Voices from the Hayduke Trail
I interviewed six people who hiked the Hayduke Trail for a forthcoming article for Vamoose. Over the phone and in emails, the hikers painted a picture of a circuitous and challenging backcountry route, through National Parks and Monuments, and along the narrow tracts of nameless wild places you can only find in the West. When I talked to these hikers a month or so ago, public lands in Utah were in the same position they've always been in— tenuously protected, under the looming threat of resource-hungry politicians and corporate interests. But today, in light of President Trump's executive order demanding a review of all National Parks and Monuments, these voices from the trail feel especially relevant.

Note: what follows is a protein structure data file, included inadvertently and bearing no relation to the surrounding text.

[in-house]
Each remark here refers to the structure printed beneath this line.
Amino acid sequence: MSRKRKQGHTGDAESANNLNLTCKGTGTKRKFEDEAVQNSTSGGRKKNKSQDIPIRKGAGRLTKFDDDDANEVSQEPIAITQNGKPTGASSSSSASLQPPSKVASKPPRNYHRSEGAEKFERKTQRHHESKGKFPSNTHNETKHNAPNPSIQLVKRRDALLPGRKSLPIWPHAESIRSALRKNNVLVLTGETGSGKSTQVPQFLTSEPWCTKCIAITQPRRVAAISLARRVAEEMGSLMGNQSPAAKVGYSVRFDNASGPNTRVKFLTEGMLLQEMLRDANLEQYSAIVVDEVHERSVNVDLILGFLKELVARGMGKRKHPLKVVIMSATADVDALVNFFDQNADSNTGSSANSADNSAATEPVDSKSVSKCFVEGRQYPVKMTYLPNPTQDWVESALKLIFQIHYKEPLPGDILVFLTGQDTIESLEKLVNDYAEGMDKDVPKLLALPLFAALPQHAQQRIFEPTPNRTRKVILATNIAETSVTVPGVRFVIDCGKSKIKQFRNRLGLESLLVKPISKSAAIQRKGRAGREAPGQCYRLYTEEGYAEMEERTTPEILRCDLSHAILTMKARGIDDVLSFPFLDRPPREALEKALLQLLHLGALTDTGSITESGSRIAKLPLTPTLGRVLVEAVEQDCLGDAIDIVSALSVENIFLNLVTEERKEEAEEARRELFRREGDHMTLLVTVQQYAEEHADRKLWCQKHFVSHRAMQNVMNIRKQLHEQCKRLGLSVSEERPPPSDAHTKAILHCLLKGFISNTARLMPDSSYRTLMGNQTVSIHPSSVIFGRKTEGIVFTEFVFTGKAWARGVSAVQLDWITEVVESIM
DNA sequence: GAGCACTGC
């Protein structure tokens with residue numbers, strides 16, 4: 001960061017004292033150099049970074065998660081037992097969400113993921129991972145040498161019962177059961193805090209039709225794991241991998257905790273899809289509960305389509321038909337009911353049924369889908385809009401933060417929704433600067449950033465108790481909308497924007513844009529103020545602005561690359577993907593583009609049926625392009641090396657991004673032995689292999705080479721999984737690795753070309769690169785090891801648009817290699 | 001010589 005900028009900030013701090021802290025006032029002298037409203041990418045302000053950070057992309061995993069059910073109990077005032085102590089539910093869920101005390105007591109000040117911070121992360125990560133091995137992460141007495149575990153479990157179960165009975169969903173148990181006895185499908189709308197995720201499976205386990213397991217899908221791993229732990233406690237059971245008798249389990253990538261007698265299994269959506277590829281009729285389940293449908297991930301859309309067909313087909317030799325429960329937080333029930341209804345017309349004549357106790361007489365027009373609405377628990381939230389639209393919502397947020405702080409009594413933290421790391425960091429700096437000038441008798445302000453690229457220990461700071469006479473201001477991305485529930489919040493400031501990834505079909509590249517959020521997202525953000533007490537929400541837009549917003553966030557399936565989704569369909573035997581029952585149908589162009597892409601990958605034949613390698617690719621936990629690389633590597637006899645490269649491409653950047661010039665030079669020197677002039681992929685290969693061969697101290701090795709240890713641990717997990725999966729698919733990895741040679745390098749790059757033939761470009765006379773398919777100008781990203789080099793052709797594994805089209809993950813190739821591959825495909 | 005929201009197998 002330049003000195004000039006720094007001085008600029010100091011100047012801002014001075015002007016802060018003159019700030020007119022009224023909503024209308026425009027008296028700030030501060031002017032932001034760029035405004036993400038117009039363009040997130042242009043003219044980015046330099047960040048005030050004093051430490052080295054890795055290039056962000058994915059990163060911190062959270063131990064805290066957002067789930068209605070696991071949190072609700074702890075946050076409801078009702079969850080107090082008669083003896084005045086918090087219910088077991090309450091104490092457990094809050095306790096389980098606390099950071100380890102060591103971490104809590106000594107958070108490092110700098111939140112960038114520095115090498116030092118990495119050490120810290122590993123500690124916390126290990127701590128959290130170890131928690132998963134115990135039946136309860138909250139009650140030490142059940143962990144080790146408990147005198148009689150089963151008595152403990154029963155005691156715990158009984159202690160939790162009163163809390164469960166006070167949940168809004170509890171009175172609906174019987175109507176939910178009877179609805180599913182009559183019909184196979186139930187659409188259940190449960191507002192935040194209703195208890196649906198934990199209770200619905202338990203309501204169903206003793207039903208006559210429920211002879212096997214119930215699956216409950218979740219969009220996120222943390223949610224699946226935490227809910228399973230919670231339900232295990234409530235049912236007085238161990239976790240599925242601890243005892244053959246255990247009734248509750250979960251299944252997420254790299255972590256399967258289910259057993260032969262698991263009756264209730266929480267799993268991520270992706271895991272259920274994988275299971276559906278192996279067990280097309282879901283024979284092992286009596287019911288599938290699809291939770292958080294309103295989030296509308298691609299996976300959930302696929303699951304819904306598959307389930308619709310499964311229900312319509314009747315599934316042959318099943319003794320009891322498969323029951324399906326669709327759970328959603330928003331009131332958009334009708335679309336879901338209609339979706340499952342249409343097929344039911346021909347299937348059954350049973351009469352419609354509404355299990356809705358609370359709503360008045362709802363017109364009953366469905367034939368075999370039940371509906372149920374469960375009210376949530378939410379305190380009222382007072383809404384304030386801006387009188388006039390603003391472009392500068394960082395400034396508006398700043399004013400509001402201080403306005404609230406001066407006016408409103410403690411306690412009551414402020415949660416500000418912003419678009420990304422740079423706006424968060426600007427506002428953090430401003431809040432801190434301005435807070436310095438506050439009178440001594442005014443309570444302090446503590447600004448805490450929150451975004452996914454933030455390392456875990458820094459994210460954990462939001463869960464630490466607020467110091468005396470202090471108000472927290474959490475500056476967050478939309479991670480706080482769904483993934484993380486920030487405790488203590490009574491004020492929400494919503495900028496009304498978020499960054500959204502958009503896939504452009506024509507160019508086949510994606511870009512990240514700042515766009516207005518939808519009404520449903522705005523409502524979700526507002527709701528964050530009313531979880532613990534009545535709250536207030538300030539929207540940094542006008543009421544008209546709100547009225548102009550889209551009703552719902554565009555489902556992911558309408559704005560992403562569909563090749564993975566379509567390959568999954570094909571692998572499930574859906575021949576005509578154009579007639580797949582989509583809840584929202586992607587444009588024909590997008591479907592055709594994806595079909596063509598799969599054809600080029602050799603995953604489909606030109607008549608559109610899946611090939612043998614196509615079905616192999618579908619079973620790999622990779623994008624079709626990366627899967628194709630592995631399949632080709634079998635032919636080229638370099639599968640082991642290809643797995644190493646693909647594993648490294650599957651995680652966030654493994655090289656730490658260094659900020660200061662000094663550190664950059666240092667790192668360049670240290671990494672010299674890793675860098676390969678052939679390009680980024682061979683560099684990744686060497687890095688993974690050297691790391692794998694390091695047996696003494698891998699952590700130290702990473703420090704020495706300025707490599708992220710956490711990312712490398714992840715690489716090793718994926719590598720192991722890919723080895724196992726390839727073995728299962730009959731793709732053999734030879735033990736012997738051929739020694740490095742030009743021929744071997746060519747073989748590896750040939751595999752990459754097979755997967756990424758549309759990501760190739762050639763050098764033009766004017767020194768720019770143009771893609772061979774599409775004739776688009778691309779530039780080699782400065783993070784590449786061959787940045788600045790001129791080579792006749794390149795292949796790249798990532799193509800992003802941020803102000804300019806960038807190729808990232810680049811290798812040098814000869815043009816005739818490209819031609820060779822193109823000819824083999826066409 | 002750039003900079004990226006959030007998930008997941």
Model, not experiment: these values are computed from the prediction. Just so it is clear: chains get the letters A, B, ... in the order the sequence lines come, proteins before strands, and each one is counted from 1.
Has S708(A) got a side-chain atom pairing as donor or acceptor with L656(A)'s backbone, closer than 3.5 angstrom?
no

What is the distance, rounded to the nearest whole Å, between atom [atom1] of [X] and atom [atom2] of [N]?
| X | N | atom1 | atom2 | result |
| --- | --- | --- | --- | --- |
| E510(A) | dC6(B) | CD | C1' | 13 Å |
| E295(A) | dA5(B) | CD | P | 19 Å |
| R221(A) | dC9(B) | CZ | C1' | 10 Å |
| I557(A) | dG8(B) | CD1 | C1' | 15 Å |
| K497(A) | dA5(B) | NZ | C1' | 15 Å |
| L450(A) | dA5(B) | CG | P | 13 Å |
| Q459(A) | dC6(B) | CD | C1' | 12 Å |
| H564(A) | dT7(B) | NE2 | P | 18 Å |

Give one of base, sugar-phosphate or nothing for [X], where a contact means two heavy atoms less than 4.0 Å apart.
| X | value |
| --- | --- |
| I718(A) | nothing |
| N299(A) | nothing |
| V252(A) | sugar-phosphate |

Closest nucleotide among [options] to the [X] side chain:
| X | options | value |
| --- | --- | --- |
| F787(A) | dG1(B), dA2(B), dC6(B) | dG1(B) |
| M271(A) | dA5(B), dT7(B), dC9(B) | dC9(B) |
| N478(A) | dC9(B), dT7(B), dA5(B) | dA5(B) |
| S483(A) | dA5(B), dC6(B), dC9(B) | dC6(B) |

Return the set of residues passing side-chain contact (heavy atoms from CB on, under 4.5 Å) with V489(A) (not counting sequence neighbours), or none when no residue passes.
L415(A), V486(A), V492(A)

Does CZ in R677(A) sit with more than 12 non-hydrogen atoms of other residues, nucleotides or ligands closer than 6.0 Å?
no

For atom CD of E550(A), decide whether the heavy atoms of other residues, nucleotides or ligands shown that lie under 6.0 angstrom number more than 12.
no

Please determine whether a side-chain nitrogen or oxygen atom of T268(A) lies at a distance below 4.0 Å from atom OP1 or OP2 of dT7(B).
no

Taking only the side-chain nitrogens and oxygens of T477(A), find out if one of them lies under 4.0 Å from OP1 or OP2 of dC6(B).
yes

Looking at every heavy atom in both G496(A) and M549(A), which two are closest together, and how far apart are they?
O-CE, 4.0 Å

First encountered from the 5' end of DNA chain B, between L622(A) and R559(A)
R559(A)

These folks have taken months from their lives to walk hundreds of miles through public lands. They've felt bitterness, disappointment, exhaustion, and thirst; they've waited hours for a hitchhike, days for a water source, weeks for shade. But not one of them ended their interview, or their hike, with a hint of regret.
Here are six more voices speaking up for public lands— places for Americans to find themselves, to dig deeper, and to go wild.
The Hayduke Trail, or HDT, isn't really a trail. It’s more of a suggestion, 800-or-so miles that can be hiked straight through, or in a leap-frogged set of section hikes. There are no signs. Joe Mitchell, HDT co-creator and mastermind behind the trail’s original routing, says simply, “It’s not a sidewalk." Referencing the oft-unprepared author of the hiking memoir Wild, trail co-creator Mike Coronella described it like this: “You can be Cheryl Strayed on the Pacific Crest Trail. On the Hayduke Trail, it’ll kill you."